So, all I’d like to say about this is that what you wear matters, but it mostly matters to you. How does what you wear affect you? How does it affect your attitude, and your ability to perform? My friends sometimes laugh at me, because I will feel shitty and completely exhausted, looking ghostly with eyes that barely function, but if I have to go out, instead of allowing myself to be swallowed up by a hoody and baggy yoga pants, I’ll put on a pair of heels, and something that makes me look at least a little better than I feel, because then that makes me feel better. And then I’m not a walking ball of negative energy.
When I’m getting ready for a meeting, I do think about with whom I’m meeting. Is it a man or a woman? How old? Where are they from? What are we discussing? What is the purpose of this meeting? But then I choose the outfit and even the shade of eye shadow that I think will make me feel most confident in a room with that person. If you’re shoes are killing you, then find another pair of shoes, because cranky feet make for a cranky lady. But it’s not the height of your heel or your hemline that should convey your intelligence and ability to perform. It’s your intelligence and how you perform that conveys your intelligence and ability to perform.
BIG LOVE & HUGS
My Uncle Allen always tells me, “Just keep putting those forks in the road for yourself, and then take a risk and pick one—pick the one you think is the best one for you at the moment.” He tells me to keep doing what I’m doing, and by doing so I’m creating opportunities for myself, and I’ll never look back on my life with sadness or regret, because I’ve made the most of it, and I’ve enjoyed the ride.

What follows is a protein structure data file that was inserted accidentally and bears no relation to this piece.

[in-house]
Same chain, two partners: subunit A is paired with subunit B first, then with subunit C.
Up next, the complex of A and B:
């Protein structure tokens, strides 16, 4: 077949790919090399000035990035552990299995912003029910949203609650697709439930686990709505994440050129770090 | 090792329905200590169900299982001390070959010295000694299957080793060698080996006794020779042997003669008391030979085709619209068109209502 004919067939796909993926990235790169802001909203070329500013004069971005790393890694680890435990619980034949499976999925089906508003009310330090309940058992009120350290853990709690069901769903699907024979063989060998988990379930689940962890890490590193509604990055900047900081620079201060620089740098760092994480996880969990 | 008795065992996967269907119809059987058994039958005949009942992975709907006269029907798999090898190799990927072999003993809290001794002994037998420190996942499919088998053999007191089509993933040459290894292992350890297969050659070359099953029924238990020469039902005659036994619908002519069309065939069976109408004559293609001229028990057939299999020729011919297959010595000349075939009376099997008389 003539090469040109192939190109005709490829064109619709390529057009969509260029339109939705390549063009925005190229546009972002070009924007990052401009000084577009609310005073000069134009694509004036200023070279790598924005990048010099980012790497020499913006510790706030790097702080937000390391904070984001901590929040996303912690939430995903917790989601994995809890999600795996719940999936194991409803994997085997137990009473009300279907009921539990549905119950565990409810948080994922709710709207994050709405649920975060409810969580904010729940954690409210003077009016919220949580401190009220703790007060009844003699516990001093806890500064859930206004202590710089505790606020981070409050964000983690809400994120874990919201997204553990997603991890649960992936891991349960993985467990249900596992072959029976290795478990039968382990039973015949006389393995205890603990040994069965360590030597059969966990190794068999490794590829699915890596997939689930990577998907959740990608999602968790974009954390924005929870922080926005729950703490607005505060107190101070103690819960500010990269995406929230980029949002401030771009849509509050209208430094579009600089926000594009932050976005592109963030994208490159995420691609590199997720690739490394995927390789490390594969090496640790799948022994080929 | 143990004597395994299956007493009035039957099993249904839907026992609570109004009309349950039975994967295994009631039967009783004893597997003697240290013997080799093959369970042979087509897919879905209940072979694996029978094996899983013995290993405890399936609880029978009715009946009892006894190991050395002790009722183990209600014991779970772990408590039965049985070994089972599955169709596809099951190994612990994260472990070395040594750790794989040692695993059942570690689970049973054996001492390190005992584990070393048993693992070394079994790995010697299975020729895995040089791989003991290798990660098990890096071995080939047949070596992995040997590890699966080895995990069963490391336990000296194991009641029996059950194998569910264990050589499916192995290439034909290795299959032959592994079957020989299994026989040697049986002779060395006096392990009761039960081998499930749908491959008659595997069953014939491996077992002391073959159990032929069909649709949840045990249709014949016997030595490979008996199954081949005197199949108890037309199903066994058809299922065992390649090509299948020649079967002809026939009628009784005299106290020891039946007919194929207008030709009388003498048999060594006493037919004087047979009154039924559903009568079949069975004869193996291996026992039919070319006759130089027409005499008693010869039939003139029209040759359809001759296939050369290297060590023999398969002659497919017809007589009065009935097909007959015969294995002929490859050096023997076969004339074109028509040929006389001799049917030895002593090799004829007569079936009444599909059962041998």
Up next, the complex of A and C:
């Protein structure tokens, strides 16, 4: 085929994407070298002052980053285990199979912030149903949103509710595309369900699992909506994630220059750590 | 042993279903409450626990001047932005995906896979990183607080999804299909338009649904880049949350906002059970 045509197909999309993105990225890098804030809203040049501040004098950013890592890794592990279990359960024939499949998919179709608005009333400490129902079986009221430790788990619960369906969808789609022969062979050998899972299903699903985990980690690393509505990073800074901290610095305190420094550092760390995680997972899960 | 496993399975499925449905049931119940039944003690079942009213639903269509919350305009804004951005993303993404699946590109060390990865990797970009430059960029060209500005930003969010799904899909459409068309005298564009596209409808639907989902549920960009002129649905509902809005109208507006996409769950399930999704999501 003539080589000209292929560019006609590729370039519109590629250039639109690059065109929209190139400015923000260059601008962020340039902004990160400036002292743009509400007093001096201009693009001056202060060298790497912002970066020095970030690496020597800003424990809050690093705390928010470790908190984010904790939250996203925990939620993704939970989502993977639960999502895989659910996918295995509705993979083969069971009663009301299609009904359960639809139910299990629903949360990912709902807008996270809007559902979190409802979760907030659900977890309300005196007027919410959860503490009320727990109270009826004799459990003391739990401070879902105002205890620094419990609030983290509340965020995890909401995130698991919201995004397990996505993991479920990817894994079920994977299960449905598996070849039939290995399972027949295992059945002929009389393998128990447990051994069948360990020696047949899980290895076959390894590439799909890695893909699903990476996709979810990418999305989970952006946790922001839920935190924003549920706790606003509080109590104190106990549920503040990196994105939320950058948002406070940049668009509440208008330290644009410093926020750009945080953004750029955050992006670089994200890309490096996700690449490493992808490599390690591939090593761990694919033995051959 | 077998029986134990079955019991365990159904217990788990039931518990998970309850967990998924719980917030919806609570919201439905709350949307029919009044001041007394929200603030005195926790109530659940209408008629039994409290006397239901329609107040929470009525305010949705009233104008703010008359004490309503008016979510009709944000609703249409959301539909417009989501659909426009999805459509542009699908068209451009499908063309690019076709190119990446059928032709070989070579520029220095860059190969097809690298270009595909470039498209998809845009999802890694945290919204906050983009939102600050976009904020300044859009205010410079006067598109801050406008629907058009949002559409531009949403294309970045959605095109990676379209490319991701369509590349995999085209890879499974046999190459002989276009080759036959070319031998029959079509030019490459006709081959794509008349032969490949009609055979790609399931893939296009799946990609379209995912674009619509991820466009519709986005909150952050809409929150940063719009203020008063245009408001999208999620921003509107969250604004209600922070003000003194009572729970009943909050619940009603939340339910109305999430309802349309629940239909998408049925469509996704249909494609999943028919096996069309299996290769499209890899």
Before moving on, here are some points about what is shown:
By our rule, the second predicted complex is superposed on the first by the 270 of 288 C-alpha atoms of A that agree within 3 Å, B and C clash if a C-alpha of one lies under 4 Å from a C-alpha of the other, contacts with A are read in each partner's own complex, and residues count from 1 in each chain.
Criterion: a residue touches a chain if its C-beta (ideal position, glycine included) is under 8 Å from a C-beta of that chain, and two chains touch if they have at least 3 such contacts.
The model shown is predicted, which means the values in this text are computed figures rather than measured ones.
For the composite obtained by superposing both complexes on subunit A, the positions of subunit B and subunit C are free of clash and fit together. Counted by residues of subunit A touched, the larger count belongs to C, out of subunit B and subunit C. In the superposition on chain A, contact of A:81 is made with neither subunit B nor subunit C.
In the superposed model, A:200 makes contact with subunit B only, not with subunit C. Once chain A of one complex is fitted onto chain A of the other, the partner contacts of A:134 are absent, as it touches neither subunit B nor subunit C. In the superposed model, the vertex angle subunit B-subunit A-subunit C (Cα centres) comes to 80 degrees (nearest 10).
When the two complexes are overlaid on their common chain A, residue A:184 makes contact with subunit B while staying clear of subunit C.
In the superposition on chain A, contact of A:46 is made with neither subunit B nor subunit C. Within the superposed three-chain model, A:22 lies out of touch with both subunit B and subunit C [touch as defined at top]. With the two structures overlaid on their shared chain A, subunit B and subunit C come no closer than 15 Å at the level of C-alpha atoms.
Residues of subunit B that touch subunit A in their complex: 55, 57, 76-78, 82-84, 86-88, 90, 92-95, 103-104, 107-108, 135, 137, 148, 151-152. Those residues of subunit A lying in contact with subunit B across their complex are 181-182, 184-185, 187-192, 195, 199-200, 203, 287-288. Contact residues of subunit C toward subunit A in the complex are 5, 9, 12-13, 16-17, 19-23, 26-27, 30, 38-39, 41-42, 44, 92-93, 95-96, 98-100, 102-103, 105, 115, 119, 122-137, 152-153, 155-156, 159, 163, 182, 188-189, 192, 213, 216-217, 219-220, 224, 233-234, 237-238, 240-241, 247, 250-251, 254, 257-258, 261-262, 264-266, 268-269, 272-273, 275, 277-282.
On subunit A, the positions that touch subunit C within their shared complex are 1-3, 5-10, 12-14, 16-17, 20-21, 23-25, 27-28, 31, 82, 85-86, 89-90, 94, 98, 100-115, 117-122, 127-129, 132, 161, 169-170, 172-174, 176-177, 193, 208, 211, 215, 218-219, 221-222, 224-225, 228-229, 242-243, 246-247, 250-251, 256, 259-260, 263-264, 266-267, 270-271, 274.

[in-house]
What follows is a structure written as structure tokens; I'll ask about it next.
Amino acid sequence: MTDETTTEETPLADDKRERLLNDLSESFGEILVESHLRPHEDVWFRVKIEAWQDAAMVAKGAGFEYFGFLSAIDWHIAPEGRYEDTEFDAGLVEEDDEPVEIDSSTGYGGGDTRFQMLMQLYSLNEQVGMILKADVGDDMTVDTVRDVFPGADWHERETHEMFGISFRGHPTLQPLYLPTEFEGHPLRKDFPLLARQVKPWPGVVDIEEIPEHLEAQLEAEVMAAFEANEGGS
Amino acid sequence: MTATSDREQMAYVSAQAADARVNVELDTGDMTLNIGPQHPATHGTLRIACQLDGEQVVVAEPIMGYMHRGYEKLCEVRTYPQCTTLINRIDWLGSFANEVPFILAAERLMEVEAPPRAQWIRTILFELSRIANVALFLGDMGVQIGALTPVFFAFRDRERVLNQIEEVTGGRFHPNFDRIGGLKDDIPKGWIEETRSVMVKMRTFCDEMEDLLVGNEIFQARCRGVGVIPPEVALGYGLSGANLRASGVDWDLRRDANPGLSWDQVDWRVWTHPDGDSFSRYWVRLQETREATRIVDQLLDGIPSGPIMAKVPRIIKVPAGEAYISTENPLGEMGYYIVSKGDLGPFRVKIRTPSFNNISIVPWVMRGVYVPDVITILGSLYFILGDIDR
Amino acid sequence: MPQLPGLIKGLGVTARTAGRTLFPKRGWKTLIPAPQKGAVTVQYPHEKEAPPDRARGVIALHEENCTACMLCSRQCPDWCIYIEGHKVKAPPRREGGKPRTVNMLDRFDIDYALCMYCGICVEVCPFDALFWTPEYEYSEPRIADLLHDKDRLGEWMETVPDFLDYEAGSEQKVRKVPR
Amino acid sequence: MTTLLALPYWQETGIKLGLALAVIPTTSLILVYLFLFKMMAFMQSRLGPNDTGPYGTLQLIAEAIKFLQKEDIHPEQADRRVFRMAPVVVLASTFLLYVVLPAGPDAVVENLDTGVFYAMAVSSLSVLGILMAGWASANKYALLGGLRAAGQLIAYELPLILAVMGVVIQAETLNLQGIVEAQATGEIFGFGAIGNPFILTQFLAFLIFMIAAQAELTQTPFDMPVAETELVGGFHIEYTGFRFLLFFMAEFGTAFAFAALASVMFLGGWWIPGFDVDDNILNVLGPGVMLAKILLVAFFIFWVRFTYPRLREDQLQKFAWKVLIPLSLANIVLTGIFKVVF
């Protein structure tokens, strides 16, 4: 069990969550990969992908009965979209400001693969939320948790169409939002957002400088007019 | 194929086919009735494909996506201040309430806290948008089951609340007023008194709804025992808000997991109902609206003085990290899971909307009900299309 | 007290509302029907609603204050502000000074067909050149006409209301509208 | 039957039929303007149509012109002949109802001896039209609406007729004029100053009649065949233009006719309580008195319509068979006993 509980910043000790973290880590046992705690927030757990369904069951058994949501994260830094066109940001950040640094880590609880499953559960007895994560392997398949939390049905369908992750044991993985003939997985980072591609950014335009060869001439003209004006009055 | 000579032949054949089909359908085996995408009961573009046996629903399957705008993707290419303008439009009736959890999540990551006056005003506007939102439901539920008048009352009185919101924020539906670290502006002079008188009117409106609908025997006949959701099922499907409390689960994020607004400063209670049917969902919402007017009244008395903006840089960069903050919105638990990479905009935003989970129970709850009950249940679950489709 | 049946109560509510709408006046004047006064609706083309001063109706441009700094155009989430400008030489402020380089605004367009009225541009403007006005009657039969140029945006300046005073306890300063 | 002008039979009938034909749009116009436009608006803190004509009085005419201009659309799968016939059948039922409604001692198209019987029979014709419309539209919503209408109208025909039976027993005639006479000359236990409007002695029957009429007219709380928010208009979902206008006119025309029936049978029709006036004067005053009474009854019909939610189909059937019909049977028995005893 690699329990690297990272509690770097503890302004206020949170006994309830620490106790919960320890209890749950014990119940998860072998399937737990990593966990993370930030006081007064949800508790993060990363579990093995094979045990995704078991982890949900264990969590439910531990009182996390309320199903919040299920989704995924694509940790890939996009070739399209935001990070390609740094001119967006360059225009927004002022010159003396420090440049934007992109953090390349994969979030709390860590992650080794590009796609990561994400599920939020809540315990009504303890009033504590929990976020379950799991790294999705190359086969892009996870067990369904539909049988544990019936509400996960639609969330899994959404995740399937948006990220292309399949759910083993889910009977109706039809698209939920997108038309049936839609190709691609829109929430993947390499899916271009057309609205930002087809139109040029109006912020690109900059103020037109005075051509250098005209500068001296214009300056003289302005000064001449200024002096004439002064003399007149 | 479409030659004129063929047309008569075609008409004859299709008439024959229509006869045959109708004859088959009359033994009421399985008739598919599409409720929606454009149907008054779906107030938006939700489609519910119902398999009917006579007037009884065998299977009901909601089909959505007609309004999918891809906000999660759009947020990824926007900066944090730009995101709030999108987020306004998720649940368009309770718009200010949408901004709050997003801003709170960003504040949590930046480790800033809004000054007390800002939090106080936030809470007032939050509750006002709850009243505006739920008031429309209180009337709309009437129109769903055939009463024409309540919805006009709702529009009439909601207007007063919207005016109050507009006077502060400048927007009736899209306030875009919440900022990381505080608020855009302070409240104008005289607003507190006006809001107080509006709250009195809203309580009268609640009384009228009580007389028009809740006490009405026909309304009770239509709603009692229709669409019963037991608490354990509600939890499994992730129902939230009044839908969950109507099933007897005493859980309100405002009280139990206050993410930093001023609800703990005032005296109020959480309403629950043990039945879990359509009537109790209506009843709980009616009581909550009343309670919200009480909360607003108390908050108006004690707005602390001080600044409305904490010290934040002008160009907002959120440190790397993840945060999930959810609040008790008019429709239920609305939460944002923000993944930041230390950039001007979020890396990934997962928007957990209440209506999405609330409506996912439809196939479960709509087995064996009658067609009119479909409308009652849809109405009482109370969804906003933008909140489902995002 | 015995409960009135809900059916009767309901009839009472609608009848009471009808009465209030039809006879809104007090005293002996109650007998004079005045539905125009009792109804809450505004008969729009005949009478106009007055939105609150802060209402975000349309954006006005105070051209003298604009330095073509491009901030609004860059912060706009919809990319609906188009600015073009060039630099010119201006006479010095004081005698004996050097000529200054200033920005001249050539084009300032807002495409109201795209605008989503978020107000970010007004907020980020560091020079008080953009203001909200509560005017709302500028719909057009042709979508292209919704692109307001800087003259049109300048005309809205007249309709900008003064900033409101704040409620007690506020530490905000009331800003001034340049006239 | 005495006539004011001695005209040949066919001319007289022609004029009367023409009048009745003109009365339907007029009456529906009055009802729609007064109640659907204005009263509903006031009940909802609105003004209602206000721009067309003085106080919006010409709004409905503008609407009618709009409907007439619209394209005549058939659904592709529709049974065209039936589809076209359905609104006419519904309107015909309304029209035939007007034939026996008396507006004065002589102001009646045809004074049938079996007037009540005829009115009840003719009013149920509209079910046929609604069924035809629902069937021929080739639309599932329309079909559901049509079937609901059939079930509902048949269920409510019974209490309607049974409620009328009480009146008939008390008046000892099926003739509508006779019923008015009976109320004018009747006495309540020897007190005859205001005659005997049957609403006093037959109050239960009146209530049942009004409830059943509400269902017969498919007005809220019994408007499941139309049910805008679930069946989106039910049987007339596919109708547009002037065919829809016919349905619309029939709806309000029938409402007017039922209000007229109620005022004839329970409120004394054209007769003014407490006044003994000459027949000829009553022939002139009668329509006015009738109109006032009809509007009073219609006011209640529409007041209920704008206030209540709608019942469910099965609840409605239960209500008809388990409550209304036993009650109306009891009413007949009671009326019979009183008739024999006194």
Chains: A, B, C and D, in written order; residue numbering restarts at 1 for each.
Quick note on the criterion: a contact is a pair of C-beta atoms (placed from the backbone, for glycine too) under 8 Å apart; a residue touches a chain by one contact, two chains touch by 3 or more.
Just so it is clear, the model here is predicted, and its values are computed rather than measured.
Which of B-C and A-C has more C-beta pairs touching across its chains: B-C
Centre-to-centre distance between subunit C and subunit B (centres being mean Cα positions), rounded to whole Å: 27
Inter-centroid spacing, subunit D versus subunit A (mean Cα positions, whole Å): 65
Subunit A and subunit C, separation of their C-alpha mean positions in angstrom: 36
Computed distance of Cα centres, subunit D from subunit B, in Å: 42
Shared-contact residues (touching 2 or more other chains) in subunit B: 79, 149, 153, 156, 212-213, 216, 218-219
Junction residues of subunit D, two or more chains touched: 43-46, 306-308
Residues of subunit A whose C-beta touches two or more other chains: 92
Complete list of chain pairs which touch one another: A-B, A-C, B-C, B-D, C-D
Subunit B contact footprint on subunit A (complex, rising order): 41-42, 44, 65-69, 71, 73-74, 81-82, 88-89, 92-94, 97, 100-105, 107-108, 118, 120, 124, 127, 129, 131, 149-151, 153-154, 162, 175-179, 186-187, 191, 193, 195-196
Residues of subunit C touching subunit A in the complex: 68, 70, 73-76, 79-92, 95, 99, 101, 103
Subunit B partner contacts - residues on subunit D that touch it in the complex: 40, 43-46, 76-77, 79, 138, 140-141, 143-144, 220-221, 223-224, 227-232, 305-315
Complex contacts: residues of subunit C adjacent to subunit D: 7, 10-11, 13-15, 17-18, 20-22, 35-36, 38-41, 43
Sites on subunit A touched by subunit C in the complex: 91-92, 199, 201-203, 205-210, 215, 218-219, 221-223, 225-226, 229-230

Recently, I found myself forging another fork in the road and faced with the opportunity to choose a path to go down. Choosing which path was difficult, but there I went, 2,000 miles back to the City of Angels. It seems my life keeps comically taking me in circles. I grew up performing, and so when I went to law school I initially tried my hardest to avoid the entertainment and music industries; but alas, it seems my passion for it was too great to ignore and I was drawn right back in. Then I decided I’d pursue my dreams outside of the City of Angels and head for Music City instead. 4 years later, I’m back in Lalaland, still continuing the dream.
I ended up driving back myself, which turned out quite nicely. I’ve done this drive so many times now it seems practically like nothing. I just got on the 40 West and took it all the way back to California. Except for the intense back ache that always ensued after about hour 7, the drive was really easy. I was surprised. I was worried, because every other time I’ve driven with someone, I remember always getting sleepy after hour 4, and switching off. Maybe that was just because I knew I had a crutch so I wasn’t afraid of becoming sleepy.
Anyhow, the first leg of my road home was 14 hours from Nashville to Amarillo. I woke up early and left while the fog still hugged the trees and the ground, but the sky above me was blue and clear. I could still see the moon and she comforted me as if she was smiling at me, reassuring me that everything was going to be okay. And there I went, chasing the sun west.